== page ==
Beirut, Asharq Al-Awsat – Following news reports that the US, European and Arab states have begun discussing the possibility of exile for Bashar al-Assad, Syrian National Council [SNC] Executive Committee member, Ahmed Ramadan, informed Asharq Al-Awsat that such talks are nothing new, but that the timing of these talks now – with large parts of the country outside of al-Assad regime control – will ensure they have a greater impact upon the Syrian regime and Bashar al-Assad personally.
Ramadan told Asharq Al-Awsat that “during the first months of the revolution, there were at least two countries – one Arab country and one European country– in talks with al-Assad, and they put forward the idea of him handing over power and leaving the country. This proposal was previously discussed by the military leadership affiliated to the regime, most importantly Maher al-Assad and Assef Shawkat, who opposed this proposal.” Ramadan added that it is therefore not surprising that similar proposals should be put forward to the Syrian regime today, particularly as al-Assad is seeing his forces retreat day after day.
The SNC Executive Committee member also revealed that the SNC has received information that a major crisis is taking place within the Syrian military leadership today. This was after problems occurred between Maher al-Assad and Hafez Makhlouf, who are two of the five senior military officers in charge of military operations on the ground in Syria.
As for the specifics of the crisis, Ramadan told Asharq Al-Awsat that this is over the Syrian army’s recent failures in the field. This resulted in the reemergence of an alliance between Maher al-Assad and Assef Shawkat, against Hafez Makhlouf, attempting to lay the blame for these failures on him, particularly the FSA’s gains and control of Damascus suburbs, and their capture of 5 Iranians Republican Guard soldiers on Syrian soil.
Ramadan stressed that this division within the military leadership is a clear indication that the final battle for Damascus and Aleppo is fast approaching.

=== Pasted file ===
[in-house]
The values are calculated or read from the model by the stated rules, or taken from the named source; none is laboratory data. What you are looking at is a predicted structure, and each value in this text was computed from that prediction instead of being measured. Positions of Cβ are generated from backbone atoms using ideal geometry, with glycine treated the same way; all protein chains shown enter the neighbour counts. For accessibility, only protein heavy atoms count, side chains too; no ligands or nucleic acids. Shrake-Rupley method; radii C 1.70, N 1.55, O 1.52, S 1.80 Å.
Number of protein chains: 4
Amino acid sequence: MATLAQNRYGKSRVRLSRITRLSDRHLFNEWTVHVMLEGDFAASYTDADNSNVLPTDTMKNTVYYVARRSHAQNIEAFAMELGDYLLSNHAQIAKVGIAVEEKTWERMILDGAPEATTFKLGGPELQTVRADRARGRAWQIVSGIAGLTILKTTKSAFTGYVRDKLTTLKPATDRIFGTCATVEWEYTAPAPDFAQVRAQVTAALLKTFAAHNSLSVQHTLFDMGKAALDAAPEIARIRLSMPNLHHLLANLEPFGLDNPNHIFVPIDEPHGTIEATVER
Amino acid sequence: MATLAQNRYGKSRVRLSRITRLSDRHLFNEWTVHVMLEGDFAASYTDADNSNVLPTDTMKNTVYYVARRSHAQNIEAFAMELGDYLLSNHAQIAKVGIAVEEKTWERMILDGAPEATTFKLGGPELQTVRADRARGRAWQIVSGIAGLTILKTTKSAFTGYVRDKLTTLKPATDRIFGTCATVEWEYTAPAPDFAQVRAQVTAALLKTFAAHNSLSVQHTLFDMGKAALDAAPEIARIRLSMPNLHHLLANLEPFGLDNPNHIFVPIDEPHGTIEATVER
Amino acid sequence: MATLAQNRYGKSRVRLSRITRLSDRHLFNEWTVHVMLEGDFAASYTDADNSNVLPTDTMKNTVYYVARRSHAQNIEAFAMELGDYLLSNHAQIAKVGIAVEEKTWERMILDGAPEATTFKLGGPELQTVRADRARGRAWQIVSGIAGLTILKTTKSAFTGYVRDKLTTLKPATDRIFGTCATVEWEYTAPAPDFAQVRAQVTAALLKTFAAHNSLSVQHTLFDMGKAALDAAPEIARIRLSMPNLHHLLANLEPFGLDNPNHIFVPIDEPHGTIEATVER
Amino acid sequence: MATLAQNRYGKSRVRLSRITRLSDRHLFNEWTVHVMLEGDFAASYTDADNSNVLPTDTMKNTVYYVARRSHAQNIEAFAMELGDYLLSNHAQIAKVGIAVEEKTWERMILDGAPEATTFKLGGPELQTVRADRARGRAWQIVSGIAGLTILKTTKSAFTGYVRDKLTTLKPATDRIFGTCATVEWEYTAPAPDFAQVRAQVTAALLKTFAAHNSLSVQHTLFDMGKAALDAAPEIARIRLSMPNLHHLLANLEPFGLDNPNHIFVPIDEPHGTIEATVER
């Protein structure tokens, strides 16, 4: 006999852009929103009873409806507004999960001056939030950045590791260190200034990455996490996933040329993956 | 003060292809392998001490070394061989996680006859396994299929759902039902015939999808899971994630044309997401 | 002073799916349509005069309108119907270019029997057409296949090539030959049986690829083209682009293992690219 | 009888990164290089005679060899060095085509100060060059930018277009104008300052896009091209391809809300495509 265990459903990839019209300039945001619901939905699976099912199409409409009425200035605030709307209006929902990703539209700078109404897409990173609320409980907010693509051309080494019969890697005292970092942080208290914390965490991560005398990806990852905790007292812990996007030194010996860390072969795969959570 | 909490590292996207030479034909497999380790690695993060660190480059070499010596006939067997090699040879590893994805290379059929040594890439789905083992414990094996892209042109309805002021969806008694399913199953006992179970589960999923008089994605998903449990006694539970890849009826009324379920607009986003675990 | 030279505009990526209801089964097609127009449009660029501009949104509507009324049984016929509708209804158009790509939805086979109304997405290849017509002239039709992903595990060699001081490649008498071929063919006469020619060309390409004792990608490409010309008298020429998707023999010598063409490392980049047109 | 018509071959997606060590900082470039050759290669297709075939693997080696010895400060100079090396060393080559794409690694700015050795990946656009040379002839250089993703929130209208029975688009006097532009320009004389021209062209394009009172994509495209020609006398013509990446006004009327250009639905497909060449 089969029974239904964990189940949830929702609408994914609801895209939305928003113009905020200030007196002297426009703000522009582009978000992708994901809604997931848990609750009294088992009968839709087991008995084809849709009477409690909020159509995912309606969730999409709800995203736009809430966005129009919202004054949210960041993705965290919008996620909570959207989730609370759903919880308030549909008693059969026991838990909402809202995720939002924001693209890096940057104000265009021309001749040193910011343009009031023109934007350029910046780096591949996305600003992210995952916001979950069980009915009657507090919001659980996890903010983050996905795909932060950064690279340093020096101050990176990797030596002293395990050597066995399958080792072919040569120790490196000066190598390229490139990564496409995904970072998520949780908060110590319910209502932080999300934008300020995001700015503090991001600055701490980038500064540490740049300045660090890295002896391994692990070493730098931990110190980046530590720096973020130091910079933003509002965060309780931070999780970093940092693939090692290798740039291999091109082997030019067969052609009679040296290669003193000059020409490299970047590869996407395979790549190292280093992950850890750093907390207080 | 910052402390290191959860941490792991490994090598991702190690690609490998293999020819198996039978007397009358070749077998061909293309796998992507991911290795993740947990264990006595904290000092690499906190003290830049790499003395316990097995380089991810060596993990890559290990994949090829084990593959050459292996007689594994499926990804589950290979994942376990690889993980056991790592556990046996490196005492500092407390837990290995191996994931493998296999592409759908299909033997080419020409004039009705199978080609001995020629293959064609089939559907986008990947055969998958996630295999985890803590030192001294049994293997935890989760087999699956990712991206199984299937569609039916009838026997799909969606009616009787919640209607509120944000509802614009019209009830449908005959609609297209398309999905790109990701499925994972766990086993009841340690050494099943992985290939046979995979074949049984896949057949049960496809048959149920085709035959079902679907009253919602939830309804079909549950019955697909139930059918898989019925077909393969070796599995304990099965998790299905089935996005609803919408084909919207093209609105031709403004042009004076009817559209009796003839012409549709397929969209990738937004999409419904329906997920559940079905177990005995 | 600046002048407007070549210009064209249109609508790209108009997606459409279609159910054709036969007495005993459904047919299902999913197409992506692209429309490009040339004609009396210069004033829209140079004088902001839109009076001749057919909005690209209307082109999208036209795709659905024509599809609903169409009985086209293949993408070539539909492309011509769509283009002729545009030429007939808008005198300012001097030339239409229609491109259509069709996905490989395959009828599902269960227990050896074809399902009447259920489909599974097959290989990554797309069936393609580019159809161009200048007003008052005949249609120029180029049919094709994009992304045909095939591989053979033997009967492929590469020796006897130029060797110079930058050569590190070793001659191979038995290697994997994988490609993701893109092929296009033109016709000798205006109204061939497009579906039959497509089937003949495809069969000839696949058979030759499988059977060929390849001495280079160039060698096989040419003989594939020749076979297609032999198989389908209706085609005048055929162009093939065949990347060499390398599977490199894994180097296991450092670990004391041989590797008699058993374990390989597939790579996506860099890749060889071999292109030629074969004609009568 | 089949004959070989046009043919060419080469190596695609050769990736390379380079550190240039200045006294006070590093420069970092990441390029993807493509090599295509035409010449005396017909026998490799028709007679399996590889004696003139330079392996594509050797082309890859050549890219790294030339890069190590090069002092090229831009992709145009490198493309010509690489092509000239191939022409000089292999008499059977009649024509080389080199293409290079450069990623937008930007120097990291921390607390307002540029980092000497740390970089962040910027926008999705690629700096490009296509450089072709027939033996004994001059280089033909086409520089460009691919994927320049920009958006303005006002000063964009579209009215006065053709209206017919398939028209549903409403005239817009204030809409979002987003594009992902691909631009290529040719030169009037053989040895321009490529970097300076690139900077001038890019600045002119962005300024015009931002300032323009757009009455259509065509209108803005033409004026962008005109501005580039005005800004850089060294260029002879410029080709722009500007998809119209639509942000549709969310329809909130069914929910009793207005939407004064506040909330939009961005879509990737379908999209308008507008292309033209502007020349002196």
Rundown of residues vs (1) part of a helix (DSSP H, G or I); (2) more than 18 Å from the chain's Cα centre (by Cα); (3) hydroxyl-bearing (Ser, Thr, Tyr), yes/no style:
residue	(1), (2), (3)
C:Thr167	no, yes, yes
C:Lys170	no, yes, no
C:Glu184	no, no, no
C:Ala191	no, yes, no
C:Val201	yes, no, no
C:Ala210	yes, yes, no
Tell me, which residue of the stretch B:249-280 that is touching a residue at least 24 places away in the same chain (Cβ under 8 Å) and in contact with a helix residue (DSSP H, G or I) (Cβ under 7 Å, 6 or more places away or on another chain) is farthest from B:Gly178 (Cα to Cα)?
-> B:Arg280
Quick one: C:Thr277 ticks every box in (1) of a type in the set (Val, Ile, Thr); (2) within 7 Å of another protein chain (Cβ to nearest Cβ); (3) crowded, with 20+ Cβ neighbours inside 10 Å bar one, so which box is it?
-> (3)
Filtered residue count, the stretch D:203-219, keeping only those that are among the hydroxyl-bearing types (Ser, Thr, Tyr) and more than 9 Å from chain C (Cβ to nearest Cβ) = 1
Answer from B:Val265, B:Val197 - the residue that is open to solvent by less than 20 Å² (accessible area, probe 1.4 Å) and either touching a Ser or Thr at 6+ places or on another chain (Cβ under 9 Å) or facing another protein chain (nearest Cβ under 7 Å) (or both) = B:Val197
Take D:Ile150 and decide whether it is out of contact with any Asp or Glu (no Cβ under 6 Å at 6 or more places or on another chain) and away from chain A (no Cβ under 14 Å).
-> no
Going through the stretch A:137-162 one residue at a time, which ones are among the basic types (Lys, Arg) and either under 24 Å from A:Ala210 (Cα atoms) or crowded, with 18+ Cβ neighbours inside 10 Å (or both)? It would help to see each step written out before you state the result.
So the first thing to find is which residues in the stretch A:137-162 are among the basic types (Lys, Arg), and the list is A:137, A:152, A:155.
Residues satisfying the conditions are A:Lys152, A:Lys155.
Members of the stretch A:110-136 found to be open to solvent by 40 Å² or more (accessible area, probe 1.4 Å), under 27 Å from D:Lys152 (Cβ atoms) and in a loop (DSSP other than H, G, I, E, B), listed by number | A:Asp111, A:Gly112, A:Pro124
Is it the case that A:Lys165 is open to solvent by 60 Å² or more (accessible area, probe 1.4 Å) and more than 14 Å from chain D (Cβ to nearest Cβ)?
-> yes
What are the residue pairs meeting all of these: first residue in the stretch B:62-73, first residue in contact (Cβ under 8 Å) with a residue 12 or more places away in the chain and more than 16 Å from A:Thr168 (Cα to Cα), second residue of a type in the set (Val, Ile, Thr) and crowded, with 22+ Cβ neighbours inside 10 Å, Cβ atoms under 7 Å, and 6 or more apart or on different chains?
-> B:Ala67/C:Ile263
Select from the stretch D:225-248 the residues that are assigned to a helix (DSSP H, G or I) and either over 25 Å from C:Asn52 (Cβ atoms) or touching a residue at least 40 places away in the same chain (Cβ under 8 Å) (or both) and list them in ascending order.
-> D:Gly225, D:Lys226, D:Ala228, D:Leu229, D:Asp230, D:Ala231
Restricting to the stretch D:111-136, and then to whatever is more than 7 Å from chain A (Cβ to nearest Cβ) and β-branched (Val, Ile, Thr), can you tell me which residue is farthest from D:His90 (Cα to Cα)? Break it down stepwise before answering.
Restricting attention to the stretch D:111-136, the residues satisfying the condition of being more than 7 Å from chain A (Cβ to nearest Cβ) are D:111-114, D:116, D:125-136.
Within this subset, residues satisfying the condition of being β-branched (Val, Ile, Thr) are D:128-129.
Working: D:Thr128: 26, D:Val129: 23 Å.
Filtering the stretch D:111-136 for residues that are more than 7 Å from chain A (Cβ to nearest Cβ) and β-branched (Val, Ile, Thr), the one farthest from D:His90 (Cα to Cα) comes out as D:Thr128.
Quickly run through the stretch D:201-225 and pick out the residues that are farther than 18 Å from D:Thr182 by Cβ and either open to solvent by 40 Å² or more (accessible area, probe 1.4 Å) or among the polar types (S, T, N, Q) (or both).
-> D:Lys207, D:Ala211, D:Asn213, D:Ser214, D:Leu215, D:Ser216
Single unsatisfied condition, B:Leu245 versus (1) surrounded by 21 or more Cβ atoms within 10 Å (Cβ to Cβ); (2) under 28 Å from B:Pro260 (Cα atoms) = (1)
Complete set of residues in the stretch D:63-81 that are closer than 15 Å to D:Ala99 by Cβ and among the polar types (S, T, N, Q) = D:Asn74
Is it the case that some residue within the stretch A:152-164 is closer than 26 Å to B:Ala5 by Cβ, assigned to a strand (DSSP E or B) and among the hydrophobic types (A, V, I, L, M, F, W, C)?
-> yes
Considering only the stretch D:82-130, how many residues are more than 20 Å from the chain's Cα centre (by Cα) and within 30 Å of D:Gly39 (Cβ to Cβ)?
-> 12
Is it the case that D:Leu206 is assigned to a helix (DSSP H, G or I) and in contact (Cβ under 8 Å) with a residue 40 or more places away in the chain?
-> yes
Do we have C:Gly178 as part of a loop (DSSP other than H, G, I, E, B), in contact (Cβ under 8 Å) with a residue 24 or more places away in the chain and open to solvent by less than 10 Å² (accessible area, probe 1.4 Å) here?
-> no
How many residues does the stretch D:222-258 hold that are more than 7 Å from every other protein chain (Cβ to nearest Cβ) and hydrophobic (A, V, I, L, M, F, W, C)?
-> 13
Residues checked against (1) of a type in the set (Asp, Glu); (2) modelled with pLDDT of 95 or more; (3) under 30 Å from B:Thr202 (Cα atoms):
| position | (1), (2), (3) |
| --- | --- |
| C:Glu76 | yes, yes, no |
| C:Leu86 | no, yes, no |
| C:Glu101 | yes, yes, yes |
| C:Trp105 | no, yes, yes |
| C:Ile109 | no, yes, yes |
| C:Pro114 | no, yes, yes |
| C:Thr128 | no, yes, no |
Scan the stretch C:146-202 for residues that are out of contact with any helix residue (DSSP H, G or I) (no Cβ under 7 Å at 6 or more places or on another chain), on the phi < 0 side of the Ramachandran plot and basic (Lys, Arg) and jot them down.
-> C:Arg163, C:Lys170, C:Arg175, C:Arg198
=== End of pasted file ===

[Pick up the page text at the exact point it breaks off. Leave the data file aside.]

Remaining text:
Whilst Ramadan did not rule out the issue of al-Assad stepping down and being granted asylum abroad being discussed seriously between regional and international parties and the Syrian regime, he stressed that the SNC is also in contact with senior figures within the Alawite sect about the future of the Syrian regime. He added that so far, these talks have been extremely positive, and the SNC will announce details of this in the near future.
As for whether al-Assad fleeing the country would mean the end of the Syrian crisis, Ramadan told Asharq Al-Awsat that “we believe that al-Assad leaving and handing over power to his deputy – or any other figure – represents a beginning to finding a solution to the crisis. If al-Assad is thinking of leaving the country…or accepting a political solution according to the Arab League proposal, then he will have chosen the path that does not lead to more violence and bloodshed, and so will therefore avoid the fate of former Libyan leader Muammar Gaddafi.”
He added “the situation today has changed, and the regime has no options”.
As for Russia’s threatened veto, Ramadan said “we are convinced that the Russian position is temporary…Russia is negotiating to preserve its own interests, not to ensure the survival of the al-Assad regime, which it will abandon at any moment should its interests be served by this.”
In this context, Turkish President Abdullah Gul announced yesterday that Ankara would consider offering asylum to the al-Assad family. Gul reportedly told the Turkish Radikal newspaper that “there is nothing like that at the moment… [but] if such a request is being made to us, of course, we will study it.”
The Reuters news agency quoted a senior Obama administration official, speaking on the condition of anonymity, as saying “we understand that some countries have offered to host him [al-Assad] should he choose to leave Syria.” However the senior US official said there were several stumbling blocks to al-Assad being granted asylum, saying “there are significant questions of accountability for the horrible abuses that have been committed against the Syrian people” adding “ultimately, these issues will be deliberated by the Syrian people in concern with regional and international partners…this is about what Syrians need to end this crisis and begin the process of rebuilding their country”
Whilst a European official, also speaking to Reuters on the condition of anonymity, said that EU members were willing to consider the idea of al-Assad going into exile but that there was “no way we’d have him in our countries.”
The Reuters news report claimed that very few countries would be open to hosting al-Assad, putting forward the United Arab Emirates [UAE] as one of the few that might be open to the idea. Diplomatic sources informed Asharq Al-Awsat that Algeria and Sudan are two other possibilities.